• Remove dead trees and plants including the roots and stumps, if possible, from your yard.
  • Eliminate or reduce the use of mulch and wood chips around the foundation of your home. This eliminates cooler and moist soil conditions favored by Formosan and other subterranean termites.

Intersted in learning more about ways you can improve your property and avoid Insect Infestations?  Call us today!

Spring Home Maintenance

Spring is here! That nice bright sun and warm fresh air are a welcome relief from the long, dark winter. Unfortunately, springs arrival means that your home is in need of a little spring cleaning.

Over time the value of your home appreciates, so you should treat it with as much care as possible. Homes change and move over the seasons. After the winter everything from the roof to your sump pump will need to be examined. Spring is the best time to give our home the “tune- up” it needs.

Here is a checklist to help you target the areas that need maintenance so you can get those chores done quickly. Following these simple tips will get you outside and in that warm spring sunshine in no time.

  • Inspect brickwork and stucco. Check for chipping, deteriorated mortar and unsightly deposits.

– Spalling is a chipping or popping away of a brick’s face, leaving the brick’s interior susceptible to moisture and crumbling. Any deteriorated mortar should be assessed immediately before more damage occurs.

– Efflorescence is a plaguing of the brick resulting in unsightly white deposits caused by soluble salts left behind during water evaporation. If efflorescence is found, removal is best recommended by dry brushing in warm dry weather.

– If you discover water penetration in the brick, consider sealing the brick surface with an appropriate sealant.

  • Replace rotting siding and trim; paint as needed. Hire a professional to tackle siding maintenance.

– Brighten up your home with a good power washing. This will give your home a fresh look and may also show damaged areas that were hidden behind the grime of winter weather.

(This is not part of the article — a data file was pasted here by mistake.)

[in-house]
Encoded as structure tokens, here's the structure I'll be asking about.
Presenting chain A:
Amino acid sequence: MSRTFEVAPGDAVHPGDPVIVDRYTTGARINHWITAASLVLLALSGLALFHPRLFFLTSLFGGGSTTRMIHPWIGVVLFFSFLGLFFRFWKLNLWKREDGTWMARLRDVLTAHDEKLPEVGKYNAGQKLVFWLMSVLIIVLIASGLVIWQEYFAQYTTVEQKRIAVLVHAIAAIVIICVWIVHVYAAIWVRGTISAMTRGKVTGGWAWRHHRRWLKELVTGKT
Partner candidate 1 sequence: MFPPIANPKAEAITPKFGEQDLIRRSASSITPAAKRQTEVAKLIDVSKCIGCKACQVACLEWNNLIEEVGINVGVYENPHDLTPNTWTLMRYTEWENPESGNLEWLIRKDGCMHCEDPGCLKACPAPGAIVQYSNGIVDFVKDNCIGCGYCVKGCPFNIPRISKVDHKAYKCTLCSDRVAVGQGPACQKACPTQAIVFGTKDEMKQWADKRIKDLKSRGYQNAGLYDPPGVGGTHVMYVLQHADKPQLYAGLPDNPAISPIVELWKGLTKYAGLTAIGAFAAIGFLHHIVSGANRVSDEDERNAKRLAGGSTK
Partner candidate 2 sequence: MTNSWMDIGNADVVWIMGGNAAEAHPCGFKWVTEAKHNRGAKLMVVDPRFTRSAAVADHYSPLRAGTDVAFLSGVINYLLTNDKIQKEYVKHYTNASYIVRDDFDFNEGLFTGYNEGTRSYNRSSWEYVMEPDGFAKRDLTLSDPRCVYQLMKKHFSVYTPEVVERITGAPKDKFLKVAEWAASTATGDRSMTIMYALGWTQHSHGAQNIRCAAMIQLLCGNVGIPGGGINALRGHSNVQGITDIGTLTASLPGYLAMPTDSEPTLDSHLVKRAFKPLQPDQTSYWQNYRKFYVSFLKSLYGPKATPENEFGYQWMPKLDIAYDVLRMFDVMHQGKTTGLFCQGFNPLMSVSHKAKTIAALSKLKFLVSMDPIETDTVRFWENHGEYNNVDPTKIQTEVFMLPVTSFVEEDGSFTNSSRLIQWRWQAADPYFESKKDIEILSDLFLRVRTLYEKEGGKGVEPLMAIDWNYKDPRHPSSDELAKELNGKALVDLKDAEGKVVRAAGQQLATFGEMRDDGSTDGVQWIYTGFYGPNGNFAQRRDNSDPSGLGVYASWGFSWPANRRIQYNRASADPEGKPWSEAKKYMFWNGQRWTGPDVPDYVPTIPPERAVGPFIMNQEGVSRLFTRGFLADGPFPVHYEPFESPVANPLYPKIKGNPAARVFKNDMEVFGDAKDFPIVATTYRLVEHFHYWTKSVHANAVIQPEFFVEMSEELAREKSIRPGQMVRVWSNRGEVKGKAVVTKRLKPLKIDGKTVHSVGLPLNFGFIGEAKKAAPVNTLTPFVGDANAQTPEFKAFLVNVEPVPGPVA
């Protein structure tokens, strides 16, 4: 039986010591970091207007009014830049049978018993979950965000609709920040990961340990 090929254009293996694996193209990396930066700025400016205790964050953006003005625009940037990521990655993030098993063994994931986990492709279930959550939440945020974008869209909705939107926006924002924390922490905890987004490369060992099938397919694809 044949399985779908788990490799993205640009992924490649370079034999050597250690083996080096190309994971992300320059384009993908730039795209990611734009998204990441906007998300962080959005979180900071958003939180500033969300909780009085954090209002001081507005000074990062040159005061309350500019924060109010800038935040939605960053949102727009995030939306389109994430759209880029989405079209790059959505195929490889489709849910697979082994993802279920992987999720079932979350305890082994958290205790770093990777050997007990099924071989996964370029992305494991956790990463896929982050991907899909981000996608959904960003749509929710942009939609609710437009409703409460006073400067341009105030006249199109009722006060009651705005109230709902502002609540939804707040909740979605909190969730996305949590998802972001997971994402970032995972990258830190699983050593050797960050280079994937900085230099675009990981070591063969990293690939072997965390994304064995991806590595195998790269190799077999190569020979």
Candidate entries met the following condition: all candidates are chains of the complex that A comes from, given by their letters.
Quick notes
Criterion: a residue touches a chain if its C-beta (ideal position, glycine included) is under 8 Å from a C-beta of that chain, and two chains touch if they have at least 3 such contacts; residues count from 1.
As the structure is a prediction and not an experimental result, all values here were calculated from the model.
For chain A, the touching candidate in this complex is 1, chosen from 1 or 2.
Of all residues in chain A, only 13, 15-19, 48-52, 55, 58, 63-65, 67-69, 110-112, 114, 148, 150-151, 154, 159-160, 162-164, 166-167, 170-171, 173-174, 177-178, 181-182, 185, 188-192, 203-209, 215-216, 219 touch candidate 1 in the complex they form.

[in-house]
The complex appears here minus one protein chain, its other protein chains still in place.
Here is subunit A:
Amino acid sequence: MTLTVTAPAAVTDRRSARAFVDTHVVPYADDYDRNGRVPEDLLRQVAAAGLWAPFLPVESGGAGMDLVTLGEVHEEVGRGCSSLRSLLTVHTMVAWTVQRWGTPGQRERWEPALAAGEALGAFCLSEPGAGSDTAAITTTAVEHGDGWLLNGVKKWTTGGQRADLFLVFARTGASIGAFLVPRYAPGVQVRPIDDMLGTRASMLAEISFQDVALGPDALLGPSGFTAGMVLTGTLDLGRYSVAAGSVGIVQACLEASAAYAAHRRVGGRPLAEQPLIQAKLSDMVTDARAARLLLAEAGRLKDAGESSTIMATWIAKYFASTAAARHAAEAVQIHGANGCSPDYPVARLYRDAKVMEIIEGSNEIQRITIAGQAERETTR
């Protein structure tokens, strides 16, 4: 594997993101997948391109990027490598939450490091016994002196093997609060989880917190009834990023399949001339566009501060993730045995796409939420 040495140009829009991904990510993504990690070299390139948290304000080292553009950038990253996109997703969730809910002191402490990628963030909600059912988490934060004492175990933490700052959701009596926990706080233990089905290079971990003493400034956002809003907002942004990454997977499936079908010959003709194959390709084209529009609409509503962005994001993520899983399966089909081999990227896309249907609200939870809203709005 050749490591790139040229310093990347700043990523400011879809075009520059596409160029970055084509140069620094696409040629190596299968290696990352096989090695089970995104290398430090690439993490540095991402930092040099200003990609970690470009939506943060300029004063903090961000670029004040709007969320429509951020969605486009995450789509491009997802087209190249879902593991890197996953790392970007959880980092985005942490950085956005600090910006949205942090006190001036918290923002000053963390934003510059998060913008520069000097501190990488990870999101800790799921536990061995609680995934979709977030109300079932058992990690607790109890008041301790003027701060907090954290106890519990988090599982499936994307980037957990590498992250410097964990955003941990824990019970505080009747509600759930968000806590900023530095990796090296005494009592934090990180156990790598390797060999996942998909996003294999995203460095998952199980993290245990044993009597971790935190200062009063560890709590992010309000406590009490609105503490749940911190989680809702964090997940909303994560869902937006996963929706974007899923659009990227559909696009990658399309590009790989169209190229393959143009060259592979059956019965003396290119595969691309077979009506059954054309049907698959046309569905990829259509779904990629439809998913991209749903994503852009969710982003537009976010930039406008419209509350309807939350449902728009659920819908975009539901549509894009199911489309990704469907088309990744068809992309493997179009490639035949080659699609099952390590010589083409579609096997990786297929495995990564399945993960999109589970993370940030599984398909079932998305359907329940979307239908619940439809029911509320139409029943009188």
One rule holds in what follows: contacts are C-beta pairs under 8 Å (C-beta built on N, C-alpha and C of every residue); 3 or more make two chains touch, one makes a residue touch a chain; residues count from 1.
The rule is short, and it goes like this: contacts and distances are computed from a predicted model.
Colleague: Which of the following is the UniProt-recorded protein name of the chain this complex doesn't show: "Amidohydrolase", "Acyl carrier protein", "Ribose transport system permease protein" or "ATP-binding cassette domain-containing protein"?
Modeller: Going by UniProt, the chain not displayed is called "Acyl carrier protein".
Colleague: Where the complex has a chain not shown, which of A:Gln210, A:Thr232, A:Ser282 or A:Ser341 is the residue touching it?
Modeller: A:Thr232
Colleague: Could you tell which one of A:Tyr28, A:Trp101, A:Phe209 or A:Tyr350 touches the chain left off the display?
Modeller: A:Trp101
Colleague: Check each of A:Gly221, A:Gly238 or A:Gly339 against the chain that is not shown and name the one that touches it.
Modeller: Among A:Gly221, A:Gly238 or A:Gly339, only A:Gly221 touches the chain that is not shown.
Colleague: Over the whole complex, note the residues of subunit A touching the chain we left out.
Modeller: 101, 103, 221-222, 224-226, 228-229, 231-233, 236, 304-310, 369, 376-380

– If painting is needed, be sure to tackle the whole project. Don’t treat sections and move on. Leaving  any wood exposed could lead to the surface rotting. Make sure the whole surface is done to ensure proper resurfacing and color consistency to your home. Be sure to sand the surface and prime any bare wood before painting with a high quality  product.

  • Clean gutters and downspouts. Multiple freezes and thaws can result in sags and dips.

– Make sure gutters and downspouts direct water away from the home. improper drainage can lead to water in the basement or crawl space. They should point at least two to two and a half feet away from any foundation wall.

– Check that they are flush to the roof with no sags or dips.

– If you live in a two story home, a professional cleaning is recommended. Do-it-yourselfers will be safer cleaning a ranch style home.

– Consider installing gutter guards to protect them from environmental debris.

  • Inspect your roof. Check for damaged shingles, which can make your roof susceptible to leaks.

– Shingles that curl up (turn up) and claw (turn down) can make your roof inefficient and susceptible to leaks.

– Shingles that are cracked, buckled or loose or are missing granules need to be replaced.

– Flashing around plumbing vents, skylights and chimneys need to be checked and repaired by a qualified roofer.

– Pooling or ponds of water that fail to drain from flat roofs may indicate low areas of inadequate drainage.

– Call a minimum of three roofers before committing to one for repairs. You will educate yourself in the process and end up with a better deal in the end.

  • Get a chimney check- up. Hire a pro that can quickly check for cracks or leaks.

– Have the flue cleaned and inspected by a certified chimney sweep. This includes any active or decorative chimney.

– A professional should also check the chimney flue and cap for cracks or leaking.

  • Prune landscaping and create good drainage. Maintain your plants and shrubs to prevent soil erosion.

– Landscaping helps against soil erosion, but should be planted to form a negative grade, which means wiater will flow away from the house.

– Trim overgrown trees and hedges away from your home to discourage the growth of mildew and moisture. Branches should be a minimum of seven feet away from the exterior of your home to prolong the life of your siding and roof.

– Remove out of control vines,as they can help crack siding and allow moisture and pests entry into your home.

– Check for low areas in the yard or next to the foundation. If any are present they should be filled with compacted soil. Spring rains can cause yard flooding, which can lead to foundation flooding and damage.

  • Give concrete a little TLC. Seal your driveway, power wash your patio and have a professional service your pool.

– Inspect concrete slabs for signs of cracks or movement. All exterior slabs, with the exception of pool decks, should drain away from the home’s foundation.